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|Native name||Rio Tietê (Portuguese)|
|Source||Salesópolis, Serra do Mar|
|• elevation||1,120 m (3,670 ft)|
|Mouth||Lake at the Eng Souza Dias (Jupiá) Dam, Paraná River|
|280.5 m (920 ft)|
|Length||1,150 km (710 mi)|
|Basin size||150,000 km2 (58,000 sq mi)|
|• average||2,500 m3/s (88,000 cu ft/s)|
The Tietê River (Portuguese, Rio Tietê, Portuguese pronunciation: [tʃi.eˈte] ) is a Brazilian river in the state of São Paulo.
The first known use of the name Tietê was on a map published in 1748 by d’Anville. [ citation needed ]The name means "truthful river", or "truthful waters”, in Tupi.
The Tietê River is a historically significant and economically important river, which stretches 450 kilometers and allows for navigation of barges carrying various goods.
Pollution of the Tietê River began subtly in the 1920s, but it has worsened significantly over time. In September 2010, National Geographic identified the river as the most polluted in Brazil. Despite efforts to clean up the river, it still suffers from pollution and environmental degradation, and some species are threatened, or possibly extinct.
The headwaters are in the Serra do Mar, to the east of São Paulo.
One of the first hydroelectric power stations constructed in Brazil, "Usina Parque de Salesópolis", constructed in 1912 by the São Paulo Tramway, Light and Power Company, is on the Tietê, in the municipality of Salesópolis. It generated energy from the water dropping a height of 72m through a pair of surface pipes. The dam was built at the lip of a waterfall, and thus is only 5m high.
Several dams ( for instance the Barra Bonita ) on the river have ship locks to ensure that navigation on the river is possible. The waterway of the Tietê-Paraná permits navigation over a length of 1,100 kilometres (680 mi) between Conchas on the River Tietê (São Paulo) and São Simão (Goiás), on the Paranaíba River and then, up to ltaipu, attaining 2,400 kilometres (1,500 mi) of waterway. Barges transport produce at a cost which is lower than road transport with, for example, more than one million metric tons of grains (maize) per year being transported an average distance of 700 kilometres (430 mi). All river ship freight including such commodities like sand, gravel, and sugarcane, total approximately 2 million metric tons. (source : DNIT) About 450 kilometres (280 mi) of the Tietê River is fully navigable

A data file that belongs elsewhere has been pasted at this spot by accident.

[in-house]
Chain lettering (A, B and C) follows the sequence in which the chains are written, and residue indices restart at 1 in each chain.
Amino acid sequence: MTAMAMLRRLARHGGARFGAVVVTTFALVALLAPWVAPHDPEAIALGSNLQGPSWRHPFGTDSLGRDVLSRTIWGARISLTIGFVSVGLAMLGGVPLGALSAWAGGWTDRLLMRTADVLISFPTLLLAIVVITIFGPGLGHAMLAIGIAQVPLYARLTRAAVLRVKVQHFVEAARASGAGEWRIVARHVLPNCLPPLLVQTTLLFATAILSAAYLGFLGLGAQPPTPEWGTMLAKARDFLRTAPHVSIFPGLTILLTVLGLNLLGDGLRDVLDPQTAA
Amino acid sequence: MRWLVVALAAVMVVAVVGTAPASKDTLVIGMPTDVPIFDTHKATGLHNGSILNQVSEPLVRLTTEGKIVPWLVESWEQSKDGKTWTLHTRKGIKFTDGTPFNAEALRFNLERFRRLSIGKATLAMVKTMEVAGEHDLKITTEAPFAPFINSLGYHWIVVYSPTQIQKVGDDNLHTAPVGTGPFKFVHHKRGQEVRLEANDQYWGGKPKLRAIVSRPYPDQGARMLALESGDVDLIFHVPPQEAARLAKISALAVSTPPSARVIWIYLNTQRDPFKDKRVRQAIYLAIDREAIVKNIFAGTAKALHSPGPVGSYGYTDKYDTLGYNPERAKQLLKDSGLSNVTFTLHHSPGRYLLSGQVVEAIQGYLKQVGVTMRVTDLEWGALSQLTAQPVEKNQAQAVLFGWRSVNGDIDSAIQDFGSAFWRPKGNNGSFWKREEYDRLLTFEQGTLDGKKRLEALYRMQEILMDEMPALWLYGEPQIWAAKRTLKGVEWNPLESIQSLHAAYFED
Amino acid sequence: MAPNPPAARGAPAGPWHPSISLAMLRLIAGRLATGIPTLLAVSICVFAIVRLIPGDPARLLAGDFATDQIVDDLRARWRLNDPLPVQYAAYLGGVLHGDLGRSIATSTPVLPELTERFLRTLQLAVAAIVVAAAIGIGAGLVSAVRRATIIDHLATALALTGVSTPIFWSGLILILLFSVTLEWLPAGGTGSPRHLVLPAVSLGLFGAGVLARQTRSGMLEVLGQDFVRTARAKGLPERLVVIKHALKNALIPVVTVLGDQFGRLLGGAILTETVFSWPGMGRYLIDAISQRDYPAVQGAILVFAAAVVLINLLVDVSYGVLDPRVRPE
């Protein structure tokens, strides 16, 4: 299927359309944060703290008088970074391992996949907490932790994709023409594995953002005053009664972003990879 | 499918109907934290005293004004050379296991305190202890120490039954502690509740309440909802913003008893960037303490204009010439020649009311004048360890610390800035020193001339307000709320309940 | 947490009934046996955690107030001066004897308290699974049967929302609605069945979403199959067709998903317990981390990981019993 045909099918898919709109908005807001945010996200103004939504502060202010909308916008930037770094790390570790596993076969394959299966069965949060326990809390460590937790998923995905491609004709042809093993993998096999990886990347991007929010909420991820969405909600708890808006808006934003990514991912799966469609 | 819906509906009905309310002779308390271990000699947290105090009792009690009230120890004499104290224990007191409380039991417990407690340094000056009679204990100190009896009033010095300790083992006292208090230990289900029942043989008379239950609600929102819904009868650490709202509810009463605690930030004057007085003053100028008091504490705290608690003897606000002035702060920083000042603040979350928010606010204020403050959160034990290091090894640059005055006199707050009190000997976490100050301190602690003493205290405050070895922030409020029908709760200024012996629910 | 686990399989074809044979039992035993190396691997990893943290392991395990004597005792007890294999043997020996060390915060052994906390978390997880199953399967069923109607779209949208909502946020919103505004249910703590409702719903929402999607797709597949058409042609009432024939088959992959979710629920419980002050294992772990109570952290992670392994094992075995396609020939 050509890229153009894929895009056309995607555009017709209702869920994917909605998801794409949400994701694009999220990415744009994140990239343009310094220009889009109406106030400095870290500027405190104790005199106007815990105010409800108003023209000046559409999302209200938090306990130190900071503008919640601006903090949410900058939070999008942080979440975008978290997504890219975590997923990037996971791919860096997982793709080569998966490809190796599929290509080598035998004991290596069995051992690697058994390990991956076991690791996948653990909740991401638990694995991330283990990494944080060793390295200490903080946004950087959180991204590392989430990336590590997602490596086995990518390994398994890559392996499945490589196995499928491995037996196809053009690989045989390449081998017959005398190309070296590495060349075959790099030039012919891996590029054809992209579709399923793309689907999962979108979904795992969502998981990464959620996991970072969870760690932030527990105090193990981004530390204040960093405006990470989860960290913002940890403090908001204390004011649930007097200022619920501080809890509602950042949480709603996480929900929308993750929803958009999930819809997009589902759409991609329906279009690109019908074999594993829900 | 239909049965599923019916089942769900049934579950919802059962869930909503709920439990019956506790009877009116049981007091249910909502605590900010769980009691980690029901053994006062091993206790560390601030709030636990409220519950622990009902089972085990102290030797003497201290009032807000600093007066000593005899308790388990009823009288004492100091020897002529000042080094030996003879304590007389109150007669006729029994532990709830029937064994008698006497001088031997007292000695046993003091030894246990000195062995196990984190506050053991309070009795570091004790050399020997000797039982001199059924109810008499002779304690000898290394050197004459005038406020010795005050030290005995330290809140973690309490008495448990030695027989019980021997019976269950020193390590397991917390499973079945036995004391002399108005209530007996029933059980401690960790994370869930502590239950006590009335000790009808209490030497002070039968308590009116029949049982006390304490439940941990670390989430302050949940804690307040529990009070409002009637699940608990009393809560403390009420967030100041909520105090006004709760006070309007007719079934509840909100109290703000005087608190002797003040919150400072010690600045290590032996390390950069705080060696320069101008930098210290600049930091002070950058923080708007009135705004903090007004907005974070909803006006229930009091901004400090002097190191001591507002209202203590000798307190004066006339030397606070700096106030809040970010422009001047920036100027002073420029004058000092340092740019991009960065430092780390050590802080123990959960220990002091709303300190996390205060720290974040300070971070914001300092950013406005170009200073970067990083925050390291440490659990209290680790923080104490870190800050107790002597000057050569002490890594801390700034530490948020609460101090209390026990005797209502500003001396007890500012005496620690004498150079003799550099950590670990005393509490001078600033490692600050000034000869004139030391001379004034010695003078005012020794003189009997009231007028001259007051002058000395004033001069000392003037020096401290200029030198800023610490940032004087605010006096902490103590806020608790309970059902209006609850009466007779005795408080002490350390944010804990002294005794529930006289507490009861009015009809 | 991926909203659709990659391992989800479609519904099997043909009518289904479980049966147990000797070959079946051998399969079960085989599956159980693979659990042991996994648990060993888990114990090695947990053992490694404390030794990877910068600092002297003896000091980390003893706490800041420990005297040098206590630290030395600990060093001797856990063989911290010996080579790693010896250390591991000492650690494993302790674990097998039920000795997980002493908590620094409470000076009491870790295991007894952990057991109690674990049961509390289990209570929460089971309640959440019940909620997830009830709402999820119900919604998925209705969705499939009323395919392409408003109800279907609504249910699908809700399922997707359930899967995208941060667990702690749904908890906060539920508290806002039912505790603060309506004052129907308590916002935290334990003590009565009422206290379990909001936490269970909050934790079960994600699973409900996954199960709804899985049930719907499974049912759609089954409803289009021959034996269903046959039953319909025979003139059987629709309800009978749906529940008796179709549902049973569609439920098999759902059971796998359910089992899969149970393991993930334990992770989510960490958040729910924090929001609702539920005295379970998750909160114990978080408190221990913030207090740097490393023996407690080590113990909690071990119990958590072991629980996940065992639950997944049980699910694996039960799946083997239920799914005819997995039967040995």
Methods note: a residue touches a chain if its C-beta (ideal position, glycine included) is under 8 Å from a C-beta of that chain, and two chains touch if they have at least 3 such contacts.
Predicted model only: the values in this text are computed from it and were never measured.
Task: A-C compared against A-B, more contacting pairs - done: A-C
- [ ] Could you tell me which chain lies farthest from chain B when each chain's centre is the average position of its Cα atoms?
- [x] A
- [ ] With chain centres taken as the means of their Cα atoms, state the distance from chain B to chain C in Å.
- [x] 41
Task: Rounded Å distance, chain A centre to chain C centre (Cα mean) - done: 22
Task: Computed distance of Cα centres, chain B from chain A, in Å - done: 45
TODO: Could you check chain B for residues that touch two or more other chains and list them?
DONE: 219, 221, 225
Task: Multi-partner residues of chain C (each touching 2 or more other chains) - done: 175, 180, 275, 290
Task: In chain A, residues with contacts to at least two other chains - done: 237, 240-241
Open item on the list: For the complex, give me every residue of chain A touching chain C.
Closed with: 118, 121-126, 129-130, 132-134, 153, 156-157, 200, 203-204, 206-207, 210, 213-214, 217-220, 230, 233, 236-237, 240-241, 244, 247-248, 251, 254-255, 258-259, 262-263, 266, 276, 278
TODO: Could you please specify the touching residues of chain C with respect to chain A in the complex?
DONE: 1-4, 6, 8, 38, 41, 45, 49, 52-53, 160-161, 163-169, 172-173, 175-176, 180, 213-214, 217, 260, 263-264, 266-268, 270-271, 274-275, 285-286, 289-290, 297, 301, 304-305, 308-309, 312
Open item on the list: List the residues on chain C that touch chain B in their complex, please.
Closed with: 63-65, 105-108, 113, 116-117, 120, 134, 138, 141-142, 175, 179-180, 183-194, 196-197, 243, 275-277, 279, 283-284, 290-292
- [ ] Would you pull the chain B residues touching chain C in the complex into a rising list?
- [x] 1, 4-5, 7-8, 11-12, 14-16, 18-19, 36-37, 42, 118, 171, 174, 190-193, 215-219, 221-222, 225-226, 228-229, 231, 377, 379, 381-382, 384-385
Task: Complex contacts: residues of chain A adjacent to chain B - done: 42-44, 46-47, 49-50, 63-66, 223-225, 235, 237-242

Although the Tiete River is said to be one of the most important rivers economically for the state of São Paulo and for the country, the Tietê River is best known for its environmental problems, especially for the stretch through the city of São Paulo. [ citation needed ]
The pollution of the Tietê River did not start long ago. Even in the 1960s, the river still had fish in the stretch within the capital. However, the environmental degradation of the Tietê River started subtly in the 1920s with the construction of the Guarapiranga Reservoir, by the Canadian firm São Paulo Tramway, Light and Power Company, for the later generation of electrical energy in the hydroelectric power stations Edgar de Souza and Rasgão, situated in Santana de Parnaíba. This intervention altered the regime of the waters in the capital and was accompanied with some rectification works also by the São Paulo Tramway, Light and Power Company, which left the bed of the river less winding, in the region between Vila Maria and “Freguesia do Ó.”
Even in the 1920s and 1930s, the river was utilised for fishing and sports activities were famous as were the nautical races on the river. During this period boat race clubs were created along the length of the river, such as the Club of the Tietê races and the Espéria, clubs that exist till now.
In September 2010 National Geographic identified the river as the most polluted in Brazil.
Several species from the Tietê River are considered threatened and one of these, the catfish Heptapterus multiradiatus, is possibly already extinct.
The governor of São Paulo ordered Sabesp, the company responsible for sanitation in the state, to establish a program to clean up the river. The state at the same time sought help at the Inter American Development Bank, and proposed a project based on the former studies of SANEGRAN.[ citation needed ]
After more than 16 years, the cleaning up of the River Tietê is still far short of desired levels, but encouraging progress has been made. At the end of the 1990s, the capacity of sewage treatment has been expanded: Sabesp has expanded the treatment capacity of the Wastewater Treatment Plant in Barueri, and the Seasons of the Sewage Treatment at San Miguel, to treat the rest of the sewage of the city of São Paulo.[ citation needed ]
São Carlos is a Brazilian municipality in the interior of the state of São Paulo, 254 kilometers from the city of São Paulo. With a population of 254,484 inhabitants, it is the 13th largest city in the state in terms of the number of residents, being almost in the center of the state of São Paulo. The municipality is formed by the headquarters and the districts of Água Vermelha, Bela Vista São-Carlense, Santa Eudóxia and Vila Nery.
Ibitinga is a municipality in the state of São Paulo in Brazil. The population is 60,600 in an area of 689 km² (266 mi²). The elevation is 491 m (1,611 ft). The name comes from the Tupi language, meaning "White Lands". The main rivers near Ibitinga are the Tietê River and its tributaries Jacaré-Pepira River and Jacaré-Guaçu River.